The Global Chief Managing Partner of Development Associates Link International (DALI), a global organization aimed at changing lives through economic empowerment and development has revealed that he started his first business of vending and selling milk in his locality at 7 years old.
The certified business professional made the revelation while on the groove cafe with Crystal Newman while narrating the humble beginning that influenced his dream of creating social change by impacting systems and extending financial inclusion to less privileged societies.
Even though he had been born into a stable family, Kisembo’s life was turned upside down when his dad, a professor at a highly esteemed University in Kampala, passed on.
Their family was evicted from the lecturers' quarters, leaving them homeless and sleeping below the staircase for 2 weeks before their mum could get another residence.
Fortunately, Kisembo, a genius in school, was topping his classes. He skipped two classes in primary including primary one and primary six. After primary five, he was promoted to primary seven, where he juggled studies for both classes. Eventually, he scored 4 aggregates in his Primary Leaving Exams (PLE) that he sat for at age 10.
“Going to high school, I was so little. My mum said I should attend day school, something that excited me because at 7 years old I had already started a business. I was vending milk in Wandegeya, Makerere Kivulu, and surrounding places. My aunt got me some money, I started small, and the business was growing,” he said.
Throughout his secondary education, Dr. Kisembo sold milk in the mornings and evenings when he returned from school. He developed an interest of improving people's livelihoods in the community (Wandegeya), a Kampala slum where they lived, and observed people survive on one or no meal a day.
“I tried to venture into charcoal because I was thinking of gaining money and changing the livelihoods of many people who went without meals. I remember we too went without meals. Sometimes we had one meal of cassava flour and warm water mixed with salt as soup. So I prayed to God that if he gave me the chance, I’d serve humanity and turn around people’s lives. And I think that prayer worked,” Dr. Clarke recalled.
At 16, Dr. Kisembo completed senior six at Kitante Hill School, where he registered excellent grades. However, because of his age, he had a tough time joining the University, but he was finally admitted for the law course.
Although he was the best student in his class, he didn't feel the passion to pursue law and switched to social sciences, where he could impact communities directly.
“I joined arts on the condition that I have to score 85 percent to switch to political science. My interest was in political science because it had public administration, and financial management of NGOs, developing systems, the framework of local government, and personal and human resource management. In the end, I scored 91 percent and was enrolled in the class,” he narrated.
Transitioning To Work
While at the University, Dr. Kisembo employed 11 people in his milk business at the age of 18. These were able to pay for fees from the profits of their sales. Dr. Kisembo got employed as a fuel pump attendant until he finished University.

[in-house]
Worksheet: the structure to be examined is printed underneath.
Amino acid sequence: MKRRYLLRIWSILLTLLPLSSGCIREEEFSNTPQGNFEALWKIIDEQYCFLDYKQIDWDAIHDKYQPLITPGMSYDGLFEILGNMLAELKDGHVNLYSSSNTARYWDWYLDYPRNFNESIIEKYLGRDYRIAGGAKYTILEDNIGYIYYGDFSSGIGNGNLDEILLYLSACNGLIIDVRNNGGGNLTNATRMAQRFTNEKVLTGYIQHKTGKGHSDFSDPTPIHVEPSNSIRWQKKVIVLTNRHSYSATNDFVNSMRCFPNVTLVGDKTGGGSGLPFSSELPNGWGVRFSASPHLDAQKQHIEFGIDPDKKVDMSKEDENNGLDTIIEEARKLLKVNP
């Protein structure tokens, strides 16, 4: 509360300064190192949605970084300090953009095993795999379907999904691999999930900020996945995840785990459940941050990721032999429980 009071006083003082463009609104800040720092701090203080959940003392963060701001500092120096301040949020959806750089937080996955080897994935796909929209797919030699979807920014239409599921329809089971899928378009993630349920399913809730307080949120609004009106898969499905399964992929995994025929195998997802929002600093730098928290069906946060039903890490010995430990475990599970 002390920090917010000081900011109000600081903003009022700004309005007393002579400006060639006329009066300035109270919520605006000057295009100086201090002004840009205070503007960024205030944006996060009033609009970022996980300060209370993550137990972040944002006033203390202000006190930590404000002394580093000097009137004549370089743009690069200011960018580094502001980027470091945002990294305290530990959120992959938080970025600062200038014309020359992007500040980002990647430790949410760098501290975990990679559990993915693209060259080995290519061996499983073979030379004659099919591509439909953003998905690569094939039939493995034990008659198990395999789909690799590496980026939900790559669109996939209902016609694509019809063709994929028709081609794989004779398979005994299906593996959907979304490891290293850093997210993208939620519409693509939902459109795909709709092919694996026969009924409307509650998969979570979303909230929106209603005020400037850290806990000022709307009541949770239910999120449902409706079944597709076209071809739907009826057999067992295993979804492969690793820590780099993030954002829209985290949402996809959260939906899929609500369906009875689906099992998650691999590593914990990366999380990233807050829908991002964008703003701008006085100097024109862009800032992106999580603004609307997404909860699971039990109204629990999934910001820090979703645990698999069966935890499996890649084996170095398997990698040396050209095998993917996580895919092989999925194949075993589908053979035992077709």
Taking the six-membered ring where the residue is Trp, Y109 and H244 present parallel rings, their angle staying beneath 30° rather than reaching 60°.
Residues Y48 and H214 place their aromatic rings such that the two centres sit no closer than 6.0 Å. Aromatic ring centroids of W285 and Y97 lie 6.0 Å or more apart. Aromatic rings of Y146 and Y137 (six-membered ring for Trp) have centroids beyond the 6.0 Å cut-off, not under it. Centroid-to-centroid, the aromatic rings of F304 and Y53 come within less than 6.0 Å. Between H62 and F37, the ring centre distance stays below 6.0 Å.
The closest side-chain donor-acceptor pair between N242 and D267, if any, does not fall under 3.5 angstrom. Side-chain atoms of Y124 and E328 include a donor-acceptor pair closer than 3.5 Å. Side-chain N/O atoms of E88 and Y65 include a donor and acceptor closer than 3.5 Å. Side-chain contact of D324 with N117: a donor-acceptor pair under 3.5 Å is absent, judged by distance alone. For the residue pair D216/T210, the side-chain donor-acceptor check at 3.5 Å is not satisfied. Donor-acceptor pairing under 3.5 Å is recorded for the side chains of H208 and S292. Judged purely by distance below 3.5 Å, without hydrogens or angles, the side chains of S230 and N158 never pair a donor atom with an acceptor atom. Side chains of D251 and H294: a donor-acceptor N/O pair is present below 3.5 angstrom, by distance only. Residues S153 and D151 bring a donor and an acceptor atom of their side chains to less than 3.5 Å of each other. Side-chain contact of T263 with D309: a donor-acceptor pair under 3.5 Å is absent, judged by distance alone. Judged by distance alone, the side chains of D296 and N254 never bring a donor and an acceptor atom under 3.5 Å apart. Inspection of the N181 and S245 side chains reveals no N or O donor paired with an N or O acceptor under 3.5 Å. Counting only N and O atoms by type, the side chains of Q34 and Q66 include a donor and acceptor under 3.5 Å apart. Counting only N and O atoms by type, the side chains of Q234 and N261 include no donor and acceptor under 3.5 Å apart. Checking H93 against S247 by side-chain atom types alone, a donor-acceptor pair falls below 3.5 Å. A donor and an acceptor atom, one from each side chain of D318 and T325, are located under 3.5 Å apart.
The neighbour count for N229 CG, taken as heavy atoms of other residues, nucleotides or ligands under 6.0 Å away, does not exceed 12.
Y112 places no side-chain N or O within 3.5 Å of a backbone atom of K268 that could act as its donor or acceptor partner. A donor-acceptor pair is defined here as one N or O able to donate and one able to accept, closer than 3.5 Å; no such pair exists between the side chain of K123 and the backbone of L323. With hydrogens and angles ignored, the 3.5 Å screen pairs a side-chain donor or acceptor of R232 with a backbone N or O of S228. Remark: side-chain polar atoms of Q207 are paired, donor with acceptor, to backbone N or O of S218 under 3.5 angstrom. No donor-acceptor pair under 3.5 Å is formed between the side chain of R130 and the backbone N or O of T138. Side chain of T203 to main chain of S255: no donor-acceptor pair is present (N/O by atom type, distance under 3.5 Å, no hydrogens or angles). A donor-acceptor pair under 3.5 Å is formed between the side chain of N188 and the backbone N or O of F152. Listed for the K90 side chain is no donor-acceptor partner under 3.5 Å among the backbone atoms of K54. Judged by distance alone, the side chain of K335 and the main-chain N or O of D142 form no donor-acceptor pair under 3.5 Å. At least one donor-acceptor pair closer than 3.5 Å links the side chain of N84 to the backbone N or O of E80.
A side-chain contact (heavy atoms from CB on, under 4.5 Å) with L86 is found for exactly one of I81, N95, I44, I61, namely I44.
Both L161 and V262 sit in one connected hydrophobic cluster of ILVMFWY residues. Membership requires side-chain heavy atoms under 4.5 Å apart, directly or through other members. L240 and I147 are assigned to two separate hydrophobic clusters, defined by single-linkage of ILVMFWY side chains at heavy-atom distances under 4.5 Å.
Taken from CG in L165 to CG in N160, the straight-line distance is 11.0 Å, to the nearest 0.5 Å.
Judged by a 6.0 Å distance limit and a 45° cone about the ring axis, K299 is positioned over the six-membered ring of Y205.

After completing as the youngest and top performing student, he began working as a credit assistant for a relative’s Microfinance company training people, women, and youths about businesses and qualifying them for micro-loans to start-up businesses.
He applied for a Masters in Public Administration and Management and later got a job at a leading telecommunications company as a customer service executive for a year and found it tedious.
He then proposed a concept of rural market development to help people in rural areas sell mobile phones at retail outlets while helping people access loans.
However, after spending 4 years successfully hitting the targets, he got bored with the job and at 26, he wanted to pursue senior management which he couldn’t because he was under 30.
“The company policy was that I can't become senior manager before 30, so I requested a recommendation for a project in Kenya. It was a partnership between the European Union (EU) government of Kenya, the telecoms, and also rural development, and that's where DALI was conceptualized,” he said.
Dr. Kisembo still maintains his passion for rural development and underserved communities. He describes himself as a businessman, investor, philanthropist, and entrepreneur, who supports charities in both rural and urban areas.
Dr. Henry Kisembo through DALI has been able to impact business development at personal and national levels in over 69 countries across Africa, Asia, and Latin America. He has 20 years of expertise in the Private Sector, Trade and Development, Regional Integration, Industrialization, Fiscal and Monetary Policy Agrifinance, Development Finance, Project Design and management, Remittances, Market systems, Financial Inclusion, and Rural and community development, among others.
He holds a doctorate in Financial Economics and a Doctorate in Development Finance. A Masters in Public Administration and Management, Bachelors in Social Sciences.
The Groove Cafe with Crystal Newman airs every Weekday from 4-5 pm on RX Radio.
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